Skilled Trades Educators & Employers: We Need to Be Better Partners
Technology Educators and Manufacturers Collaborating to Close the Skills Gap
By William Ng
At a workforce development meeting last week, manufacturing educators and employers from across the Midwest and elsewhere in the U.S. agreed that much greater collaboration between the private sector and teaching institutions is needed to fix the U.S. industrial labor skills gap.
About 35 community college and technical school educators and human resource managers of manufacturing companies, along with workforce development experts, met at the Fabricators and Manufacturers Association International’s (FMA) T.E.A.M. Summit in Anoka, Minn., to tackle the multifaceted and complex manufacturing talent crisis. They concluded that foundational changes must be made in curriculum education in college and high schools, certification and credentialing programs, and internships and apprenticeships.
Moreover, the group discussed different ways to change negative public perceptions about manufacturing, stimulate younger generations into entering the sector, and create greater employee engagement, development, and retention at manufacturing businesses. But the biggest challenge, both teachers and employers acknowledged, is overcoming the disconnect that currently exists between the educational system and the private sector in preparing students with the skills they require to become effective workers.
Despite coming from different areas around the country, skilled trades instructors and program administrators lamented a similar lack of engagement by manufacturing businesses in their student development efforts. Years of under-coordination with employers have resulted in numerous situations where the graduates and would-be employees they produce do not match up with job competencies.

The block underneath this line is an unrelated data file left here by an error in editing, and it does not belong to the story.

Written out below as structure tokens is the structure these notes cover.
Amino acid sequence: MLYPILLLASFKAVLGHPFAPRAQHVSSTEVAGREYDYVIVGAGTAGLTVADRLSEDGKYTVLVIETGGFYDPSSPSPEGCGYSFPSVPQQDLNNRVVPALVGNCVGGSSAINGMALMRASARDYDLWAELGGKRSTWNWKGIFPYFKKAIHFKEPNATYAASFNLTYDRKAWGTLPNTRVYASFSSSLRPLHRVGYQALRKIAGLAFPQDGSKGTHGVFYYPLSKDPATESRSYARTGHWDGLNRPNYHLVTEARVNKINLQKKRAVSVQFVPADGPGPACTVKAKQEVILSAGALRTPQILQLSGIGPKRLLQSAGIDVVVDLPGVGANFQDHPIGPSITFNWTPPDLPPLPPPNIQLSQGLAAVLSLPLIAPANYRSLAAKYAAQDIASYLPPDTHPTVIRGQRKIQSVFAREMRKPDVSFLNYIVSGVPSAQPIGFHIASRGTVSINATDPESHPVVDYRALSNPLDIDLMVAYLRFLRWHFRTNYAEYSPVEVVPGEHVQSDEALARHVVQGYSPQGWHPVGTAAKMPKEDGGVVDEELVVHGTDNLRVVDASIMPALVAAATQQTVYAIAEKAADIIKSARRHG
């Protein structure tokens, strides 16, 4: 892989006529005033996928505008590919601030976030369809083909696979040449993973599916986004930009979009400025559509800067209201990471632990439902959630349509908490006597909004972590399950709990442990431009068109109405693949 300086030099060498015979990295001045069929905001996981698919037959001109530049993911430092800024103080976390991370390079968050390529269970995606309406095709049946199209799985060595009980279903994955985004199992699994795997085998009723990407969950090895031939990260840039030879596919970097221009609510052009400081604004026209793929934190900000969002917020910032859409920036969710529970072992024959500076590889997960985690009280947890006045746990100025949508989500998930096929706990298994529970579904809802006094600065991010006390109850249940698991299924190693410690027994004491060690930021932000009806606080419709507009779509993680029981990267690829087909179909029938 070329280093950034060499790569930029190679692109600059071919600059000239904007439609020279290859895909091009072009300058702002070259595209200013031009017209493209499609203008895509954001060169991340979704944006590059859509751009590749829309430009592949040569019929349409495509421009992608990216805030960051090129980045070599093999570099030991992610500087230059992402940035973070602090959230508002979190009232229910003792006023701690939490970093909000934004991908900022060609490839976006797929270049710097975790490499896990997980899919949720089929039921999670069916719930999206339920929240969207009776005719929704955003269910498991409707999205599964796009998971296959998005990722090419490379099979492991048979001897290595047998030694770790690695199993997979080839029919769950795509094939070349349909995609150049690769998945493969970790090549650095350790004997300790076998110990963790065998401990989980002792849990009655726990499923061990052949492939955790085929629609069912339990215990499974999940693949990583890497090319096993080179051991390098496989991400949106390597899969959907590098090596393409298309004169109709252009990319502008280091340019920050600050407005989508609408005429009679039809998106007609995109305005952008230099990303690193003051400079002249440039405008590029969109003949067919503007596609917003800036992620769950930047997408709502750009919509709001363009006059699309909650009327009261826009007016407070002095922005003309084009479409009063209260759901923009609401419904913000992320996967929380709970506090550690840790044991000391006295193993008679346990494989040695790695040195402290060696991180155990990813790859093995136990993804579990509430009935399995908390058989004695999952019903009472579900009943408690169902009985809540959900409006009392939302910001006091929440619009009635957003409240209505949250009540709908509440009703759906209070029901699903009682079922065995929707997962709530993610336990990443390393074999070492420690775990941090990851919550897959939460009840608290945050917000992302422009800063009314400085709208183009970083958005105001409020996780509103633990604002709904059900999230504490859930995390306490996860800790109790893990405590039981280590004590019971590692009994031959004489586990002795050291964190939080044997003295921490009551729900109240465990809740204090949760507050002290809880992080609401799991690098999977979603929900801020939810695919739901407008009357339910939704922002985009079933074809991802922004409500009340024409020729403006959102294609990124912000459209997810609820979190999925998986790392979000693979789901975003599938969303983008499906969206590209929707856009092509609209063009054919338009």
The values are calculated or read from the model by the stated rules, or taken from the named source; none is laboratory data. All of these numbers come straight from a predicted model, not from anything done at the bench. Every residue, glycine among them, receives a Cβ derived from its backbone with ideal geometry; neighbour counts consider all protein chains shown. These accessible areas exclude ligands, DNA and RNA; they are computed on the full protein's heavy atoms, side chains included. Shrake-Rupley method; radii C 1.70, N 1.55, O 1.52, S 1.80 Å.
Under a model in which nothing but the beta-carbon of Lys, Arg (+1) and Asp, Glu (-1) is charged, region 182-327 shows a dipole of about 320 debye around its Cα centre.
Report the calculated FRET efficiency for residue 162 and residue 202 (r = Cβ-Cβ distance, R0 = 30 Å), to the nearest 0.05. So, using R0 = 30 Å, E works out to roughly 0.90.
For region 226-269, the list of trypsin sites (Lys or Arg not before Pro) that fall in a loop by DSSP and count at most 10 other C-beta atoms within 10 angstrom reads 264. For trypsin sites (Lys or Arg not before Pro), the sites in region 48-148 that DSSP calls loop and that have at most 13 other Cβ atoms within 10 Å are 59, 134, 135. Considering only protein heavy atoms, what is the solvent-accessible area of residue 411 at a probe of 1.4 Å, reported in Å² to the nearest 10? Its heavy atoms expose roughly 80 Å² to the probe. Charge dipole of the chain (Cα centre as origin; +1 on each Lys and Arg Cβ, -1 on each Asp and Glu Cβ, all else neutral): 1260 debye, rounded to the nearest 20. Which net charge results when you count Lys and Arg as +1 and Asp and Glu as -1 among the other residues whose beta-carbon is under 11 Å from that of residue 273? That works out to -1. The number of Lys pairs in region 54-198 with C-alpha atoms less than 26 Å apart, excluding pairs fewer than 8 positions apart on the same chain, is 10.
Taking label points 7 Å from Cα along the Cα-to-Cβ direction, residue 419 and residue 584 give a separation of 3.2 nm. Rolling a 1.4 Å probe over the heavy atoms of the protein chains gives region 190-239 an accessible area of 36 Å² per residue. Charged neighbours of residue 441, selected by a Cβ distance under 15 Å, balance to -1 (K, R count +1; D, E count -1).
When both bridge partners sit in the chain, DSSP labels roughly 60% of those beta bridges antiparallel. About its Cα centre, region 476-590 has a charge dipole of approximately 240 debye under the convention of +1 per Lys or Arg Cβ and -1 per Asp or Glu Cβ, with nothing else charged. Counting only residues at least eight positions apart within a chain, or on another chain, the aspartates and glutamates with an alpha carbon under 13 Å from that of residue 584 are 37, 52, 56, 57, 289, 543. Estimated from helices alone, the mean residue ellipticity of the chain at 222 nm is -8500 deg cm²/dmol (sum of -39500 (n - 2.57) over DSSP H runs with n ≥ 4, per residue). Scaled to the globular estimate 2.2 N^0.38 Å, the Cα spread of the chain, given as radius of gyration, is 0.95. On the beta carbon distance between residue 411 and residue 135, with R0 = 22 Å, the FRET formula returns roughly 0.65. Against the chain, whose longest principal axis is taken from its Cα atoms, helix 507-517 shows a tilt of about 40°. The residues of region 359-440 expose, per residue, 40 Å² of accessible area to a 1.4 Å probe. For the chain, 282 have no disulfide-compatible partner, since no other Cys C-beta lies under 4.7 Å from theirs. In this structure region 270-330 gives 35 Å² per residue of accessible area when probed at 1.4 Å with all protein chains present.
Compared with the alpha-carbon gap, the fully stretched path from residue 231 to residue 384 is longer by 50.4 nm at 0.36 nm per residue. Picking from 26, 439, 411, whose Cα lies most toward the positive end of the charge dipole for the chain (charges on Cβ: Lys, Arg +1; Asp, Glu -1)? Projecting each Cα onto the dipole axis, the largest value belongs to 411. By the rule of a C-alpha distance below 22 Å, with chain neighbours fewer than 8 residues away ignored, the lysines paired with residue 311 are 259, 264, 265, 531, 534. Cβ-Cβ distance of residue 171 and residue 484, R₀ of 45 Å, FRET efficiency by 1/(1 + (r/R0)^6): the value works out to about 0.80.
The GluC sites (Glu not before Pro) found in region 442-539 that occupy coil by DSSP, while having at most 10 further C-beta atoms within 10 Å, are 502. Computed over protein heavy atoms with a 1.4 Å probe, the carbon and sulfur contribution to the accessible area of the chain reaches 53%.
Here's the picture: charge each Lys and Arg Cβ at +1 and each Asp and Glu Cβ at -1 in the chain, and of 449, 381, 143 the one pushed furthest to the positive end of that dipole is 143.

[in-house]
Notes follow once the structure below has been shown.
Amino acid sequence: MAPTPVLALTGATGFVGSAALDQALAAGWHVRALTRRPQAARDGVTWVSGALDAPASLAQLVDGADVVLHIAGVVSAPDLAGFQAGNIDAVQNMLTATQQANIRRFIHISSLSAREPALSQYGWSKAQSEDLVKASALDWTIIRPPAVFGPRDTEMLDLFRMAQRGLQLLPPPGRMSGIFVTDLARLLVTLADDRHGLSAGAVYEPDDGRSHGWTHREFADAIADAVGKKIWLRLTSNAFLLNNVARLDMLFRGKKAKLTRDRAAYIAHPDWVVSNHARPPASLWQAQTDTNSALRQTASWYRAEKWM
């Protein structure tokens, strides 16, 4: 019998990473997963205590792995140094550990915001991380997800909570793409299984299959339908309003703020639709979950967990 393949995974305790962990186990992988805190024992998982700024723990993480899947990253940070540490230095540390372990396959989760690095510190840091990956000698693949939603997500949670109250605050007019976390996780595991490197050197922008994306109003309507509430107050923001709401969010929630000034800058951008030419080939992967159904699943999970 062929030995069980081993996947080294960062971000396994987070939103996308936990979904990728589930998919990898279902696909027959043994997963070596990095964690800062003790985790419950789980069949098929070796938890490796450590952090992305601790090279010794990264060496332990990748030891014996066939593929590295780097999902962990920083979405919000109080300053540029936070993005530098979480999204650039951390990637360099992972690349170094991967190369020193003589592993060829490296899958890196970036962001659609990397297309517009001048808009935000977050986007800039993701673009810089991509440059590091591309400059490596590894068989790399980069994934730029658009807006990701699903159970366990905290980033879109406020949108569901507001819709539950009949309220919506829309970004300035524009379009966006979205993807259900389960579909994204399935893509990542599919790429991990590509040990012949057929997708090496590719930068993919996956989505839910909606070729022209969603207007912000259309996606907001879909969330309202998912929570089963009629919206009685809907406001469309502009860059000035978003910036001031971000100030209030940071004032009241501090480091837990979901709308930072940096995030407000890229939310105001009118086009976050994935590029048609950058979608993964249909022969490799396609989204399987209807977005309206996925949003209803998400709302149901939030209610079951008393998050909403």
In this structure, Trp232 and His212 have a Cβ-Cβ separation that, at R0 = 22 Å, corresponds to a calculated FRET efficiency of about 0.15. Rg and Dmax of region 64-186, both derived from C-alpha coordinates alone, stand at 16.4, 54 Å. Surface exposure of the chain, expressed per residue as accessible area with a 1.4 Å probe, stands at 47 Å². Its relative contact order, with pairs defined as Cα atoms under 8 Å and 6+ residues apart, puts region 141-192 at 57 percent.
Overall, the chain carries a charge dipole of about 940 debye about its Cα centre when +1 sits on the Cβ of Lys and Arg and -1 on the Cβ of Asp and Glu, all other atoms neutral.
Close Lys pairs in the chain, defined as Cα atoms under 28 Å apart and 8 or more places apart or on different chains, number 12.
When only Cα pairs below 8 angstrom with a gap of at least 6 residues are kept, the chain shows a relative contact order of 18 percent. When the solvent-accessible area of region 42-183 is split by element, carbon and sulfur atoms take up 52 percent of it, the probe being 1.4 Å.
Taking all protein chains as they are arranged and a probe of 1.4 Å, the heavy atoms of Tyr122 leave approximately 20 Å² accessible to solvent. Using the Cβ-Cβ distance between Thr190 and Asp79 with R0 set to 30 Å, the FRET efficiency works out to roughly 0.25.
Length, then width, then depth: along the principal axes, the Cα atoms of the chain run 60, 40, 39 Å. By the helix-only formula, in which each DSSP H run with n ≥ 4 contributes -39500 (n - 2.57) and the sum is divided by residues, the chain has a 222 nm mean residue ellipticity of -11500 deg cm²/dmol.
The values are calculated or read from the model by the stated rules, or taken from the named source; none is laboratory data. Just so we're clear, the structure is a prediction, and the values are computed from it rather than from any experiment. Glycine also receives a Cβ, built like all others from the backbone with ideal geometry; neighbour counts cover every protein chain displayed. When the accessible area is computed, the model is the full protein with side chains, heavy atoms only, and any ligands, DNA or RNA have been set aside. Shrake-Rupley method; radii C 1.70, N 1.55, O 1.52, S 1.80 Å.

Larry Clark, who teaches welding and metal fabrication at Moraine Park Technical College, in Fond du Lac, Wis., said that while several local manufacturers are members of the school’s manufacturing program advisory committee, they meet with faculty just twice per year. “We need an engaged faculty working with employers,” he said.
Today’s shop floor skills in advanced manufacturing facilities can be highly specialized, but employers have not been defining them specifically enough to educators, according to Dave Stotelmyre, machine shop instructor at Kirkwood Community College, in Cedar Rapids, Iowa. That problem is magnified because of the rapid pace of manufacturing technology advances. He said the school has had difficulties placing the right candidates into area manufacturers, as a result.
“Companies need to have some forethought and identify what their needs are,” Stotelmyre said. “When the [employees] are not what they expected, now the specifics start flowing out.” He said companies “need to be involved right up front” with schools, working together as partners in developing the right manufacturing employees.
“Manufacturers, in general, don’t think that educating their future workforce is their job,” said Pat Lee of the FMA.
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